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Something in the Water

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Recently I had the opportunity to hang out with Central’s FloraBama Campus at the famous FloraBama Lounge and Package hugging the Florida-Alabama border. All week long, the FloraBama serves as a beach bar and on Sunday mornings it’s what hundreds call “their church home.”

Huddled under a tent shoulder-to-shoulder with people I met for the first time moments before, we lifted our voices louder than the pounding Florida thunderstorm threatening to leave us soaking wet. A sense of organic community swept among us as people engaged, worshipped, prayed, participated in communion, and then quickly we banned together to pack up church and set up the FloraBama to open for business.

But the day wasn’t over just yet. A young man decided to take his next step in the journey, his story of becoming who God made him to be. Surprising his family, he planned with the FloraBama crew to be baptized after the service. Jeremy, the FloraBama Campus Pastor, invited me to join him and the team for the ocean baptism. Before we saw the weather forecast, I had eagerly accepted—and then we found ourselves staring at double red warning flags, incredible surf and a stormy sky. And did I mention is was freezing?! But we stepped in the water anyways. We charged full-steam ahead with Anthony, baptized him, and as he came up out of the water, the smile on his face truly said it all: radical grace changed his life.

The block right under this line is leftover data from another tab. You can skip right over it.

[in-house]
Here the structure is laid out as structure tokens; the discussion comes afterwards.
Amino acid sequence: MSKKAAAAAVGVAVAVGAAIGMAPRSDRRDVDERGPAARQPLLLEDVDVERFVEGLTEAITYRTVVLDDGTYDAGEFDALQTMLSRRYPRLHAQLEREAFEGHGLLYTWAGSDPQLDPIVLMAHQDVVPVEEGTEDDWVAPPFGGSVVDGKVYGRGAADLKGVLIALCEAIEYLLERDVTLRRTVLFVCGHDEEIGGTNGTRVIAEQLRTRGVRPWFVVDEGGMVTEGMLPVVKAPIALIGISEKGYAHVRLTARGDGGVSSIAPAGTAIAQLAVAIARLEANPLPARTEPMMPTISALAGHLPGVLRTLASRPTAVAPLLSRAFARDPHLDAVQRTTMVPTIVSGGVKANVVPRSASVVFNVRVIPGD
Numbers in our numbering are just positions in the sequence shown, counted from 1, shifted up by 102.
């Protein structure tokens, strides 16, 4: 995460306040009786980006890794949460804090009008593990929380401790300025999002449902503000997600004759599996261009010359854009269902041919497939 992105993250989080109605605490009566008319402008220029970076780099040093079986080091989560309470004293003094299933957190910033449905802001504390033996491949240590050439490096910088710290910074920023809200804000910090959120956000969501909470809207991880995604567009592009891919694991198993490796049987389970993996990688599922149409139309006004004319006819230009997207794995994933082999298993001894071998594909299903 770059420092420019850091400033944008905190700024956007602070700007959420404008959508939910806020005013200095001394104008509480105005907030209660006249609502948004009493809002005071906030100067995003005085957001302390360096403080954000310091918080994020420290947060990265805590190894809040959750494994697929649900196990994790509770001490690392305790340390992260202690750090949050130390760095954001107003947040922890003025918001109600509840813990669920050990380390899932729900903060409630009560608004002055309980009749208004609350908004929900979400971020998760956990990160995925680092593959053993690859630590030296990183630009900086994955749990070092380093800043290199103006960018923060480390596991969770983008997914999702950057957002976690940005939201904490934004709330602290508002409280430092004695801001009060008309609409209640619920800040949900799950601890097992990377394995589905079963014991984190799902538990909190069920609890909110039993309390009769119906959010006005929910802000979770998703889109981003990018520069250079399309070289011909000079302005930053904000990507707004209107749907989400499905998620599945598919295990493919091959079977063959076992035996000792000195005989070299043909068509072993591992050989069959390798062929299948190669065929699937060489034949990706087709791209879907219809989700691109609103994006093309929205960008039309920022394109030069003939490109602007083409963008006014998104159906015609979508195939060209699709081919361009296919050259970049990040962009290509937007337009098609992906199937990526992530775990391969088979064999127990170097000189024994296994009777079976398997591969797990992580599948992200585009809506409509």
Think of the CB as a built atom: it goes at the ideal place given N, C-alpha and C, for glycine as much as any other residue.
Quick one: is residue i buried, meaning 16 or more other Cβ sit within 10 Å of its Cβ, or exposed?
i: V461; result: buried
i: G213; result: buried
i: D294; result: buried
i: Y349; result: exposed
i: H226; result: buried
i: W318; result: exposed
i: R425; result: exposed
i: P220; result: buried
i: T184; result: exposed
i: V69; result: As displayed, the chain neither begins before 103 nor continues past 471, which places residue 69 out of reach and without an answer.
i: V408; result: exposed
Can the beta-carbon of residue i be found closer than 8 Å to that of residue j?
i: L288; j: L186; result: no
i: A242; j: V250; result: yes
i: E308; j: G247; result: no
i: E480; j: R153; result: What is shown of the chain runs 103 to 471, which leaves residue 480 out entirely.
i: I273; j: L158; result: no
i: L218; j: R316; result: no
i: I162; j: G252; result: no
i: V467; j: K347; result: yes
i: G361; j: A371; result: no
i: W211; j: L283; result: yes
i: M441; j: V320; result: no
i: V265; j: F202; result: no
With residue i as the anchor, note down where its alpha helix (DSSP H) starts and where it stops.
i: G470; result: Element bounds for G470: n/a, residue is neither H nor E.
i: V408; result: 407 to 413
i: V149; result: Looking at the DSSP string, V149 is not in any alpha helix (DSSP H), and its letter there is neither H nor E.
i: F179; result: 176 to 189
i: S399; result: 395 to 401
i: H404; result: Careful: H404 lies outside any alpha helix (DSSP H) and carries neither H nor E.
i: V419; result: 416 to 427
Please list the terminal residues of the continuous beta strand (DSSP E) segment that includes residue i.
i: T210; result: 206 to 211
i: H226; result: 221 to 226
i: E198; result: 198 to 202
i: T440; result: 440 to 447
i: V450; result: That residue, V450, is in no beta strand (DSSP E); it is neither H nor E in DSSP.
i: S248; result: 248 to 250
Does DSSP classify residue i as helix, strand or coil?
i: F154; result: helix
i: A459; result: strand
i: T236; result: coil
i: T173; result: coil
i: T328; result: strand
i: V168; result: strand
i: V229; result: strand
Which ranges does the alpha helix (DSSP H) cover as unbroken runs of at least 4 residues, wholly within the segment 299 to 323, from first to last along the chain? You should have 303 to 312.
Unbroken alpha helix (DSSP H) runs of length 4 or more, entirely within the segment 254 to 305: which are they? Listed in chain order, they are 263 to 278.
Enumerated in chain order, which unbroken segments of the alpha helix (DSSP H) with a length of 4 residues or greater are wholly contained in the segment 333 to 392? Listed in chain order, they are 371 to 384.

As I grabbed warm clothes and began to leave the campus, a statement a woman made earlier in the morning that deeply resonated with me came to the forefront of my mind: “I love the messiness of this because it’s me.” That’s it. That was the beauty of what took place in the bar that day—what takes place in that bar every single weekend. It was that special something in the water for Anthony’s baptism—messiness and the storm of life woven together with the threads of grace. If we didn’t have storms we wouldn’t need grace. My broken-down messiness is the living proof that I need a Savior and the gnarly waves we fought during Anthony’s baptism were a divinely creative reminder: grace is found in the middle of my mess.

How are you embracing the mess today in order to experience the radical grace of God?

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